Patriarchal Christmas Encyclical 2011
Dec 20, 2011
Prot. No. 1192
+ B A R T H O L O M E W
By the Mercy of God
Archbishop of Constantinople-New Rome and Ecumenical Patriarch
To the Plenitude of the Church
Grace, Peace and Mercy from our Savior Born in Bethlehem
“Christ is born again and the Angels sing once more:
‘Glory to God in the highest, and on earth peace, good will among all.’”
Beloved brothers and sisters, children in the Lord,
The angels chant these three majestic proclamations and yet the great majority of human beings, although celebrating the feast of Christmas, cannot perceive the significance of the angelic song, instead asking themselves whether God is truly glorified today or why God should even be glorified; where can one discern on earth the peace that is announced, and why should contemporary humanity live with good will?
It is because, in reality, most people do not glorify God – either in their deeds or through their words. Many of them doubt the very existence of God and God’s presence in their lives. There are also many people that attribute responsibility to God for the misfortunate occurrences in their lives. However, those who grumble against God err profoundly, since evil does not derive from Him. On the contrary, the loving incarnation of the divine Son and Word, together with the consequent events of His Crucifixion and Resurrection, reshape the human person to its former beauty, granting eternal life and the peace that surpasses all understanding, while rendering human beings co-heirs of the heavenly kingdom. This act of divine condescension, though embracing the ultimate humiliation, is in itself capable of glorifying humanity. Thus, even if many people fail to glorify God in their hearts, nevertheless glory is rendered – by all creation and all things that take place among humans – unto Him who dwells in the highest. We too, then, gratefully cry out with the Angels, “Glory to God in the highest,” for the immensity of His works and the incomprehensibility of His love for us.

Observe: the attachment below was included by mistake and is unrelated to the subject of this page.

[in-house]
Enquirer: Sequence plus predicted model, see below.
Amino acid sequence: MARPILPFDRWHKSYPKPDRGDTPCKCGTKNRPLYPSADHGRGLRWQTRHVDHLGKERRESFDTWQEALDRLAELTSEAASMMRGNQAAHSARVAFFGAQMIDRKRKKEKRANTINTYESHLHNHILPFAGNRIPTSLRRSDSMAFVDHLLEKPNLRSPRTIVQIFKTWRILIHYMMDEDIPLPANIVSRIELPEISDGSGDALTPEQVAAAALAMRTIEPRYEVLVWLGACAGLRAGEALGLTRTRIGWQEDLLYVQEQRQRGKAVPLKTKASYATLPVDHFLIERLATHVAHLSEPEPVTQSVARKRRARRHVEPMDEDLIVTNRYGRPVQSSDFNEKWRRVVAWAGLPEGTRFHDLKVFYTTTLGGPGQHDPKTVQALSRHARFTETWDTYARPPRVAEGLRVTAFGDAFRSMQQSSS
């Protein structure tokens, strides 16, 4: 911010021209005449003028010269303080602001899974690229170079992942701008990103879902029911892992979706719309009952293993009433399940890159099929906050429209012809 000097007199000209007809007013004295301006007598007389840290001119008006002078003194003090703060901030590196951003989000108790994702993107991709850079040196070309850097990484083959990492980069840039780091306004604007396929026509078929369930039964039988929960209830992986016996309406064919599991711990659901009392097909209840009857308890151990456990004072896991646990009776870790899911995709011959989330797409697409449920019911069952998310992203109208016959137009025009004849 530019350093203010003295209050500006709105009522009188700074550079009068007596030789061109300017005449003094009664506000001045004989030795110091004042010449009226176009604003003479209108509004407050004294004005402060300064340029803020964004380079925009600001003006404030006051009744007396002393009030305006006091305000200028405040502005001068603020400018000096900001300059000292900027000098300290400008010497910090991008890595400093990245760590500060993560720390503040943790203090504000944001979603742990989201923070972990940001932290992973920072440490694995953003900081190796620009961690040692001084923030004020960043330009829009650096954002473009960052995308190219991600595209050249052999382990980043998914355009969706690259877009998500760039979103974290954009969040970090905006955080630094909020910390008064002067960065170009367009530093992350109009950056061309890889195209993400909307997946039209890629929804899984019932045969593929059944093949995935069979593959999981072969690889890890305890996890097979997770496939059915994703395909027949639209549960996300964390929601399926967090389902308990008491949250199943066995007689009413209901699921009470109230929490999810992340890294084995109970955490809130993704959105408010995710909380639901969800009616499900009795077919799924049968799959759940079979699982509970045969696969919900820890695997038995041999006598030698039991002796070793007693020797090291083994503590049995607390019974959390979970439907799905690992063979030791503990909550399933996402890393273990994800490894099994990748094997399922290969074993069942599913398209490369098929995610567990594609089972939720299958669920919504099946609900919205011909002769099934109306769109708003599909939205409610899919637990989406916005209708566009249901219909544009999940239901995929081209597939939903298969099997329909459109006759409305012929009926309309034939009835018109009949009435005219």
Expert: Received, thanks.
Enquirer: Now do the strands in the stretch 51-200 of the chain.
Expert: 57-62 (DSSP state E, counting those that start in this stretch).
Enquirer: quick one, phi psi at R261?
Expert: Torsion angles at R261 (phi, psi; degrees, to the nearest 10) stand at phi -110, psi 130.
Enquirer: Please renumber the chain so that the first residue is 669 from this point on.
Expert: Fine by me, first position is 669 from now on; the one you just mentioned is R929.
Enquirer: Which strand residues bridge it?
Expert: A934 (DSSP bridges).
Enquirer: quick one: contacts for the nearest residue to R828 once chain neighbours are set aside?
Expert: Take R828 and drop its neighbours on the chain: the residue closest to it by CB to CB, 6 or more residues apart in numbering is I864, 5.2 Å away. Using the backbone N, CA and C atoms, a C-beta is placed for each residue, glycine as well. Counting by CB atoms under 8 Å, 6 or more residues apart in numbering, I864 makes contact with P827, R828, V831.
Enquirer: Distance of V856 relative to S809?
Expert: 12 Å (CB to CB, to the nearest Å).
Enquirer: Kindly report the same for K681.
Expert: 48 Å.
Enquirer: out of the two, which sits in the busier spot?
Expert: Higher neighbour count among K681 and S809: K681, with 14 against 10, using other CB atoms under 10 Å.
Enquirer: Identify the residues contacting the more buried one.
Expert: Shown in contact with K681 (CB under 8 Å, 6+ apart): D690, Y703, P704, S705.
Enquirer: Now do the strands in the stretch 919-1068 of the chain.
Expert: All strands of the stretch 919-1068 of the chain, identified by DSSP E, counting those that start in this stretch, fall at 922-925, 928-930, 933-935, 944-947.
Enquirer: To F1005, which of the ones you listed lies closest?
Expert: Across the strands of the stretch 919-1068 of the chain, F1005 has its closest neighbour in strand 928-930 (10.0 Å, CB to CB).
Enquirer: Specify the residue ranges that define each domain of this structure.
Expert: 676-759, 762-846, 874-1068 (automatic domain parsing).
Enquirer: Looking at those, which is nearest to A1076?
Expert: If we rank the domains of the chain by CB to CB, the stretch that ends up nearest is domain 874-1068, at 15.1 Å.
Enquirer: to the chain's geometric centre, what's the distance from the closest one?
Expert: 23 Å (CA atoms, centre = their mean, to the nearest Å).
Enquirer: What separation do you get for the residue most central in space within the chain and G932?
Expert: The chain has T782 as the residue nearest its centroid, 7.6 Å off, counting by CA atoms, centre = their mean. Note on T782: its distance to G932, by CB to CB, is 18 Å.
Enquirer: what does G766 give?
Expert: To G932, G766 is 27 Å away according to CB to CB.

Yet people also query the second angelic proclamation: “And on earth peace.” How can we speak of peace on earth when almost half of the planet finds itself either in the act of or in preparation for war? The sweet tone of the angelic proclamation regarding “peace on earth” is of course primarily a divine pledge that, if people adhere to the way indicated by the new-born Child, they will acquire internal peace and peaceful coexistence. But, alas, most people are moved and drawn by the cymbals of war, ignoring the sound of the pledge for peace on earth. We are not referring here to those who passionately support the use of weapons, but especially to those who transform gentle competition to unequal conflict, seeking the annihilation of any opposition. In this respect, war is experienced as reality among members of rival social groups and parties of all kinds – whether racial, political, partisan, financial, ideological, religious, athletic or any other kind, where the intense mindset of members is converted into militant rather than peaceful. However, this does not refute the truth proclaimed by the Angels, that – through the Nativity of Christ and the acceptance of His teachings – peace will indeed prevail on earth. Christ came bearing peace; and if His peace does not prevail in the world, then responsibility lies with those who fail to accept and embrace this peace, not with the God who grants it.